Friday, March 18, 2005


Cyberpunk brought unique style, attitude, dirt, grit and a whole new look to literature, not just Science Fiction. It emerged during the Reagan 80s, when Sci-Fi generally covered deep space operatic stuff, high Tolkien-esque fantasy, and fantastical post-apocalyptic Mad Max-type worlds. Mainstream-ish entertainment options across other mediums and genres, fiction or otherwise, were also highly escapist. This was a time when The Dukes of Hazzard and the A-Team were acceptable entertainment, watched weekly by adults and children with zero sense of irony. Reality television consisted of Game Shows and PBS documentaries. Even the heaviest, most aggressive, anti-mainstream music artists of the time strove for melody and recognized the limitations of "listenable", rebelling from the Top 40 and appealing to outsider kids with high-pitched solos and vocals, reasonable amounts of distortion, loud drums, minor chords, and dissonant note and chord progressions. Rap music was years away from the explosive, harsh realism of Public Enemy and N.W.A. Mainstreamable artists didn't embrace UGLY sounds and themes in their music until the mid-nineties, coincidentally, around the time when Jerry Springer and countless others capitalized by turning those cameras away from nice old Aunt Martha spinning the Wheel Of Fortune and clapping, refocusing on the uglier side of American families and suburban life.

I argue that Cyberpunk helped enable this burgeoning "hard-look-in-the-mirror" approach to entertainment. Led by the triumvirate of William Gibson, Bruce Sterling, and John Shirley, later joined by the godlike Neal Stephenson, we learned that not all Science Fiction heroes were noble and grand; Case and super-cool Molly were vulnerable and fallible, just like we are. Cities were filthy, not shining and gleaming; and the street would subvert technologies for its own uses, not just empower grandiose expeditions for the benefit all of mankind.
Yes, we thrilled at those deserts full of road mutants, the starscapes of battling spaceships, the dragons and elves and their magic, but we didn't recognize those worlds. Cyberpunk gave us grim future settings, all familiar, all somewhat plausible, but all of it felt refreshingly real. We watched the film "Bladerunner" and screamed out, "Yes! This is truth!"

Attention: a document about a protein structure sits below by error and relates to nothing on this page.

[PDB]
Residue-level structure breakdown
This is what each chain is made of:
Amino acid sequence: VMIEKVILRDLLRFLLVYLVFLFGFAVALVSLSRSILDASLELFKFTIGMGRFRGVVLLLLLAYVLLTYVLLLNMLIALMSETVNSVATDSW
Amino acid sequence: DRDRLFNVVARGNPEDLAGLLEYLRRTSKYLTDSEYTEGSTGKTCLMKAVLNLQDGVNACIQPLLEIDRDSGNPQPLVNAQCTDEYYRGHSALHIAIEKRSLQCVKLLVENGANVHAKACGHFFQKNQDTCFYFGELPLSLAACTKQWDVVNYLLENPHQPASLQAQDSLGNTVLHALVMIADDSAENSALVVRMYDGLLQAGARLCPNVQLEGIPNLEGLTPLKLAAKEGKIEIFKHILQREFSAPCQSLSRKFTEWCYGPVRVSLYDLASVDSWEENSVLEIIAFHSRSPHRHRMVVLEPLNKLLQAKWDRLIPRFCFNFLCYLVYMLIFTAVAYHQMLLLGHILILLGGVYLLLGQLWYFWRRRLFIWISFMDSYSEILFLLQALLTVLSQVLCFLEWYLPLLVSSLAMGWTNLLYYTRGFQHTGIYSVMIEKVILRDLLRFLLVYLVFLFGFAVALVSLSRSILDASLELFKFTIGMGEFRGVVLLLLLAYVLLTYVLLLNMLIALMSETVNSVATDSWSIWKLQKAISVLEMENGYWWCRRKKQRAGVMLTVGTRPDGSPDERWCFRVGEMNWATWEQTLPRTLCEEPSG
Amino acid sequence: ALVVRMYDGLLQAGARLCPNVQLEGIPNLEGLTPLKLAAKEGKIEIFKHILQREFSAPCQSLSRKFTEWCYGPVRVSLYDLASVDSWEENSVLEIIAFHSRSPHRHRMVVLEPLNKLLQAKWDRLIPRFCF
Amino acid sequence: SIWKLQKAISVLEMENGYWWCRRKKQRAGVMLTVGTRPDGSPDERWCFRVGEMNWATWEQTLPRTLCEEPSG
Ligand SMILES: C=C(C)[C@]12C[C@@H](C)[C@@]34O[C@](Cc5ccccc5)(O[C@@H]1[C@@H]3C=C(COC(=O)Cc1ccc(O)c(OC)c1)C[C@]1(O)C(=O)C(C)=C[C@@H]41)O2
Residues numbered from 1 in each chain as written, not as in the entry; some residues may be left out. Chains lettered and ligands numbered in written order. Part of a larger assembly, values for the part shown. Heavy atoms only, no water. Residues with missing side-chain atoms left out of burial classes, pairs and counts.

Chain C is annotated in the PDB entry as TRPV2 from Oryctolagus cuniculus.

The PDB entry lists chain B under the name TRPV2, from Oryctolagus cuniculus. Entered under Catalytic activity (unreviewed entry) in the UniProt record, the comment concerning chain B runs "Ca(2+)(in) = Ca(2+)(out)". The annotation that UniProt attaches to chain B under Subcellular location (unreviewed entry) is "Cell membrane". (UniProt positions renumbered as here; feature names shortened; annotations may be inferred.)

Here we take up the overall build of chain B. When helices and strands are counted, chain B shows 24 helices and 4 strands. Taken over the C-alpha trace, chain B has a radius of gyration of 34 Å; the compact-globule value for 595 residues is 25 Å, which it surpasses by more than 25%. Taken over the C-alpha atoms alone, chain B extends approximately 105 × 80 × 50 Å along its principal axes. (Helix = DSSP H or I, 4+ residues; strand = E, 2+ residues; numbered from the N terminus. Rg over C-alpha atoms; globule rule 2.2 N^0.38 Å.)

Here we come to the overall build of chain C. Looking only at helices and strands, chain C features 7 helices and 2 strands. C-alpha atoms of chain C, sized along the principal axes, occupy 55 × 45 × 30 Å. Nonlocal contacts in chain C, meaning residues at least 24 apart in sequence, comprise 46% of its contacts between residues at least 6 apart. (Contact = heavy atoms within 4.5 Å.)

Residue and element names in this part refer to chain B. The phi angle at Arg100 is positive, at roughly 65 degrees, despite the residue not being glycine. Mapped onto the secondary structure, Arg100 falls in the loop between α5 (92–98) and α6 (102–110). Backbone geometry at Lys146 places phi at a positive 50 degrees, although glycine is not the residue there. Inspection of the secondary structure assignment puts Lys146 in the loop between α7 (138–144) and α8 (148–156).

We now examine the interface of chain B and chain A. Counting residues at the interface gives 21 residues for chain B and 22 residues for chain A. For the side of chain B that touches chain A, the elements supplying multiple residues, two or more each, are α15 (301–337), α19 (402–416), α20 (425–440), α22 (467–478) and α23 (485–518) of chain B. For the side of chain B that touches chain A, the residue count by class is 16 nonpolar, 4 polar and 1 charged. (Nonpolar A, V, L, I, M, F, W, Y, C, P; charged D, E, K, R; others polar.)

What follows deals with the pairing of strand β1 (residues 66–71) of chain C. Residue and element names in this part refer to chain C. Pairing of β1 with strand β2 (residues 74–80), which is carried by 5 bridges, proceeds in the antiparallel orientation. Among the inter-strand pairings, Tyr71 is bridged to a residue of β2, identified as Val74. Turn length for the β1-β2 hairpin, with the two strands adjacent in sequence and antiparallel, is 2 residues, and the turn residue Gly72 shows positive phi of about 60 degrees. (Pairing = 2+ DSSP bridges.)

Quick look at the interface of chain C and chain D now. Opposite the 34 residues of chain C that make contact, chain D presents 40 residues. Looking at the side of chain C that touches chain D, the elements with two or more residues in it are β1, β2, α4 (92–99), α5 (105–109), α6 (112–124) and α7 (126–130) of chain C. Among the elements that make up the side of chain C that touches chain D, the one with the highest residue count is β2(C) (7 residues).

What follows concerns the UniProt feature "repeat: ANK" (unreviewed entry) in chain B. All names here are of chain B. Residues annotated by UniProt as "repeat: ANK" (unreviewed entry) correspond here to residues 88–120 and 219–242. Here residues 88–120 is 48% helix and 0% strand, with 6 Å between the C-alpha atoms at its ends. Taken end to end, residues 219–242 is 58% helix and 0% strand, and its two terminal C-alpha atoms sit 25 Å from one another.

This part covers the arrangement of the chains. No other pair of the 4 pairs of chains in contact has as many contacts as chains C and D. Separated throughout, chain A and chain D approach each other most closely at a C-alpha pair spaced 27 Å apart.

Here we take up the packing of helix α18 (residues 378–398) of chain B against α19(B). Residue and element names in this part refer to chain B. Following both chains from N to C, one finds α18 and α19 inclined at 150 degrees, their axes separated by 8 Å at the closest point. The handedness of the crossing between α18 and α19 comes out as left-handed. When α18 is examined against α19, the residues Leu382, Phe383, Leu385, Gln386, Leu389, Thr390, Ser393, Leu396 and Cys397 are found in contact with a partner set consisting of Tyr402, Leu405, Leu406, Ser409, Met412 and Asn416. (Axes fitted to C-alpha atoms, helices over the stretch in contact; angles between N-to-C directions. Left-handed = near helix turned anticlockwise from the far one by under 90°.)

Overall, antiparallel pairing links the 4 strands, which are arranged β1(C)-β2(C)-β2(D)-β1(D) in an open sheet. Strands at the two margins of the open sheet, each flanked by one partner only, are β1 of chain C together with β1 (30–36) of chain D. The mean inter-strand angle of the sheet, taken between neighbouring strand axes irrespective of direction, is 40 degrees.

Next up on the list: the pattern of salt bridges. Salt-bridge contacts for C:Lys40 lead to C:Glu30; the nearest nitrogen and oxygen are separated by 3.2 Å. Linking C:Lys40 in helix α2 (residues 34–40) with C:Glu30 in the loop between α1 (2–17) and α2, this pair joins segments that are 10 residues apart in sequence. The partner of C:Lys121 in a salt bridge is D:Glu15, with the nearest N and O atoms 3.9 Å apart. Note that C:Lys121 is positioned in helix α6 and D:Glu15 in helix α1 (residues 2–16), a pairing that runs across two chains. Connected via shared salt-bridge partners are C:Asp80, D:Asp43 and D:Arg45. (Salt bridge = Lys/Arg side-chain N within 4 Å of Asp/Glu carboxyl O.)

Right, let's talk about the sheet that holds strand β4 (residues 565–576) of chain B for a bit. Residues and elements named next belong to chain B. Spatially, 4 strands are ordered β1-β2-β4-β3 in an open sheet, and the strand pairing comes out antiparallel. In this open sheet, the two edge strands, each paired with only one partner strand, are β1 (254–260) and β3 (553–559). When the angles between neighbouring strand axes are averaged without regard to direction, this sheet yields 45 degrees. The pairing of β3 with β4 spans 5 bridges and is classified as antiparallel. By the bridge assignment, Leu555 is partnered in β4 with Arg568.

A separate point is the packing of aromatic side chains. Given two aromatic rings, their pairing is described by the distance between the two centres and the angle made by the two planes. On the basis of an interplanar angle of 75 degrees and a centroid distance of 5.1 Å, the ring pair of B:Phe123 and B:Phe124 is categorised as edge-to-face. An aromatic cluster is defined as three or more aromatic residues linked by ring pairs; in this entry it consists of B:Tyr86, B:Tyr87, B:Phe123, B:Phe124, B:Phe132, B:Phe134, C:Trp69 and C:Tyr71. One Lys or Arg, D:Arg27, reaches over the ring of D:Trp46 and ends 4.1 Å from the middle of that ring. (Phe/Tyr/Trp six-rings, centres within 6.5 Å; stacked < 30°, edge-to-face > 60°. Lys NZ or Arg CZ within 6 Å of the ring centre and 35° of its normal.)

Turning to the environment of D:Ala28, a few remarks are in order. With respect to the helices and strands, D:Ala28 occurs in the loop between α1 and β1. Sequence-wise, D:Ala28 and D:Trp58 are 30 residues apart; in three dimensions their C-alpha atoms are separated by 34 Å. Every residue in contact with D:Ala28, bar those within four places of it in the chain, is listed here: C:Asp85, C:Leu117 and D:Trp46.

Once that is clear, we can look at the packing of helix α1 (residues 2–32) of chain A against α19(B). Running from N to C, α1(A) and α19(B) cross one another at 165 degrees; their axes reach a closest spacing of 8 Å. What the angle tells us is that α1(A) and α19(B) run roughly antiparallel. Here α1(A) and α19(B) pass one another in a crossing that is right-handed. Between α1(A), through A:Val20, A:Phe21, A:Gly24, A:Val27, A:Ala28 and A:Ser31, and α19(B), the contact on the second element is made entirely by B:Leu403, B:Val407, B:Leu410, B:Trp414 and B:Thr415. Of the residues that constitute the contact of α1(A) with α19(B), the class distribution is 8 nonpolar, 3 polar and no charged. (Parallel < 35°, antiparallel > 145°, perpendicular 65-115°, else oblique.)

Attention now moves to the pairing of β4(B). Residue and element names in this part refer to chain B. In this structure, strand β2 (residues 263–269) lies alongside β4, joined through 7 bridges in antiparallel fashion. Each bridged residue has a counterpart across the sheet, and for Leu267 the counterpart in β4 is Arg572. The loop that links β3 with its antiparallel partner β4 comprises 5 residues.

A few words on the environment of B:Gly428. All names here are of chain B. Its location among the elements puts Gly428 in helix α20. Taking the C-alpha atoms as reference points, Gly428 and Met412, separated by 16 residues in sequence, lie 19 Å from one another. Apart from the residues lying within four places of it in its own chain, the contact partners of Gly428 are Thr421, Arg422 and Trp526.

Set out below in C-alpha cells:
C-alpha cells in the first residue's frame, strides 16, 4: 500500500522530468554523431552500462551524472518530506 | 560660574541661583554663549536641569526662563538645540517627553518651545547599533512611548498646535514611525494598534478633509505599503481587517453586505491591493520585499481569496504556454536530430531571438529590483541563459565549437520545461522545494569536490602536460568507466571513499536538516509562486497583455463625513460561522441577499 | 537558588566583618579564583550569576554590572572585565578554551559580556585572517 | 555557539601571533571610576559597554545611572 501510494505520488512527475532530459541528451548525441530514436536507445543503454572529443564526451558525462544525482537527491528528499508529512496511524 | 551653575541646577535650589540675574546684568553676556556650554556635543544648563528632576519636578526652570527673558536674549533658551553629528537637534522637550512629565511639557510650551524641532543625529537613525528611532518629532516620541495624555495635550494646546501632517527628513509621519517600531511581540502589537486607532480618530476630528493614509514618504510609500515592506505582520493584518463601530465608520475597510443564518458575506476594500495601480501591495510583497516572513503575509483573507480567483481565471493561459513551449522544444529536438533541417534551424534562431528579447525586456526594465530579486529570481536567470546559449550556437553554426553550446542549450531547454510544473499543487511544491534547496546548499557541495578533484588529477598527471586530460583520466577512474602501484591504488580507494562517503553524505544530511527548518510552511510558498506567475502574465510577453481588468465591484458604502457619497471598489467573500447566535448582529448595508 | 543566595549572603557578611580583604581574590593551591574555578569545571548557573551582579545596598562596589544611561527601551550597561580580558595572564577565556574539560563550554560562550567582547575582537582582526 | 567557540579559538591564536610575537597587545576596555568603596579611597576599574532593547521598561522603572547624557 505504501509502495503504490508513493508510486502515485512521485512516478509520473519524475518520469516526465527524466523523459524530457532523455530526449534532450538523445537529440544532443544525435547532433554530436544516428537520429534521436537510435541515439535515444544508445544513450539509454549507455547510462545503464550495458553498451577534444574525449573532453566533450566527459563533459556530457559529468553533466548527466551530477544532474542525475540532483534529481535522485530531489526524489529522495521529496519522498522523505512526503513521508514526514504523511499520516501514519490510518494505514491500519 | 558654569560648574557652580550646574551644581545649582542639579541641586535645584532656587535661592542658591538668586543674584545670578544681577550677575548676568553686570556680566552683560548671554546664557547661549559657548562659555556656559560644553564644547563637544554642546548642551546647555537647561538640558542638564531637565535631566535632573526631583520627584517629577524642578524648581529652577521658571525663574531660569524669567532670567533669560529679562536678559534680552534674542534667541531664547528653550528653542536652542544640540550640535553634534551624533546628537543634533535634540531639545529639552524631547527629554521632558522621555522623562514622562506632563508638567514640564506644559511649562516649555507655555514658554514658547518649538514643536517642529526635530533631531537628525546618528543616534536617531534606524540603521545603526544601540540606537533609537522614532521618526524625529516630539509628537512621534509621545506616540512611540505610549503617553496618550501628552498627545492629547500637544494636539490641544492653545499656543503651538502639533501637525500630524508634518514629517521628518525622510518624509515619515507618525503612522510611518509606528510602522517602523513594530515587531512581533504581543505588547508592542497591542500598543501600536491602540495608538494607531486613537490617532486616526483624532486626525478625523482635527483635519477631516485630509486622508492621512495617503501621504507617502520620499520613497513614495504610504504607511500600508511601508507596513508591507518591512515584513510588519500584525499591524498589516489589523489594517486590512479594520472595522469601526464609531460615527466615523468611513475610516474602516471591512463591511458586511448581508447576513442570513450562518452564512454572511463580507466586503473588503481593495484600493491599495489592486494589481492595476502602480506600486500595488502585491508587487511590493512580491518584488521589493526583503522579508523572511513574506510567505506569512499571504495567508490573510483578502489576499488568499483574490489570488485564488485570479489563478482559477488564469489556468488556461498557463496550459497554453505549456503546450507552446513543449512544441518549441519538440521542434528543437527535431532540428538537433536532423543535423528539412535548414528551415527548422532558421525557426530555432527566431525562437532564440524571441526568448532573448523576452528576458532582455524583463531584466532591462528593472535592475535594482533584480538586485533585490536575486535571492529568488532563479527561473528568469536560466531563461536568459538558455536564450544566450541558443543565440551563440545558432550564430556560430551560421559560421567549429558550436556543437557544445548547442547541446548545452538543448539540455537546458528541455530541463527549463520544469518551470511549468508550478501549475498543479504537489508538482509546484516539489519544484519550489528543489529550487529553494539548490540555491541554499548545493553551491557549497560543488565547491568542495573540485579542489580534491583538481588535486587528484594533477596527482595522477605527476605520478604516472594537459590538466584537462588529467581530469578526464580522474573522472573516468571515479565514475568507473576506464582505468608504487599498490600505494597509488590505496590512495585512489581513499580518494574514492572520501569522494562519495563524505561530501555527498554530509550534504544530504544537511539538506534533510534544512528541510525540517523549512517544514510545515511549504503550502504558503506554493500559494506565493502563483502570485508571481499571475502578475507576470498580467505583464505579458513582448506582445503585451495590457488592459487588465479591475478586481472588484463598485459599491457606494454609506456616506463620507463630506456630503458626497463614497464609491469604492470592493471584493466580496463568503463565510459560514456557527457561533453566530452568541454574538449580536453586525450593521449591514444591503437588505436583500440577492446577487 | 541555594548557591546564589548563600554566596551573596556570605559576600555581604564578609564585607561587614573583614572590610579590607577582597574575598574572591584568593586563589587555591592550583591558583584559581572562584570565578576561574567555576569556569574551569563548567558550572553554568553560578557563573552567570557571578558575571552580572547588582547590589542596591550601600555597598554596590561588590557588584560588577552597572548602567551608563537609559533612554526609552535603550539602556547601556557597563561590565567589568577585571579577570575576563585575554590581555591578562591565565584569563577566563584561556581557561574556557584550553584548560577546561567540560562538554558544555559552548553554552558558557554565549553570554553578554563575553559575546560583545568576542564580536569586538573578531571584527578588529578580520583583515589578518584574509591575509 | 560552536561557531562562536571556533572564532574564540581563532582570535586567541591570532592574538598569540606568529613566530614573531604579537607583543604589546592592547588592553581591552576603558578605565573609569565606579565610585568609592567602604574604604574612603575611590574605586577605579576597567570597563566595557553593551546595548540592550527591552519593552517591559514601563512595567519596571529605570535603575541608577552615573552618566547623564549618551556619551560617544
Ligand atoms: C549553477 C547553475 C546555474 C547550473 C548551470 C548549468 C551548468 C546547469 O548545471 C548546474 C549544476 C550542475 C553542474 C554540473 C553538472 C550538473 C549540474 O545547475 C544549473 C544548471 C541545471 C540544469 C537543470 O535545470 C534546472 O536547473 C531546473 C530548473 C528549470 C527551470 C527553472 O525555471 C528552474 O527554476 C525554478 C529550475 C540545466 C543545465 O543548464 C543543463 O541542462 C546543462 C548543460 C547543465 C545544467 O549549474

In it's quarter-century-or-so of existence, the Cyberpunk genre's neon star has flickered and dimmed at times.... Some (actually many) have pronounced it dead, but I think its cybernetic heart still beats. The Matrix films aren't Cyberpunk-influenced, they are Cyberpunk. You can also count Spielberg's last two films (Minority Report and AI) and The Fifth Element.
It is its own sub-genre; it does have its own limitations and confines, of course. Those four authors have distanced themselves from the Cyberpunk label, seeking to explore other possibilities, just as any artist of merit feels compelled to do. But Cyberpunk sensibilities are still evident in all of the work they're doing these days, whether it be in the historical novels, the futurist design teachings, the anarchist anti-establishment blogs, or the uber-hip, tech-savvy novels they're putting out. As a fan, I don't need their works to all take place in gritty urban corporation-owned cities; I still thrill at the Cyberpunk edge and feel in their output - and that of all us authors who follow in their tracks.

And now for the plug....................
Check out Neometropolis magazine. They're doing a fine job over there, trying to propel Cyberpunk into this young century (we're living in the time period when a lot of early Cyberpunk stories are set to take place, by the way). And oh look! My short story, "The Last Cyberpunk", is featured on the main web page.

Phew ........ there's so much more to say... but OK, ok, I'm done. Future posts won't be this long-winded :)


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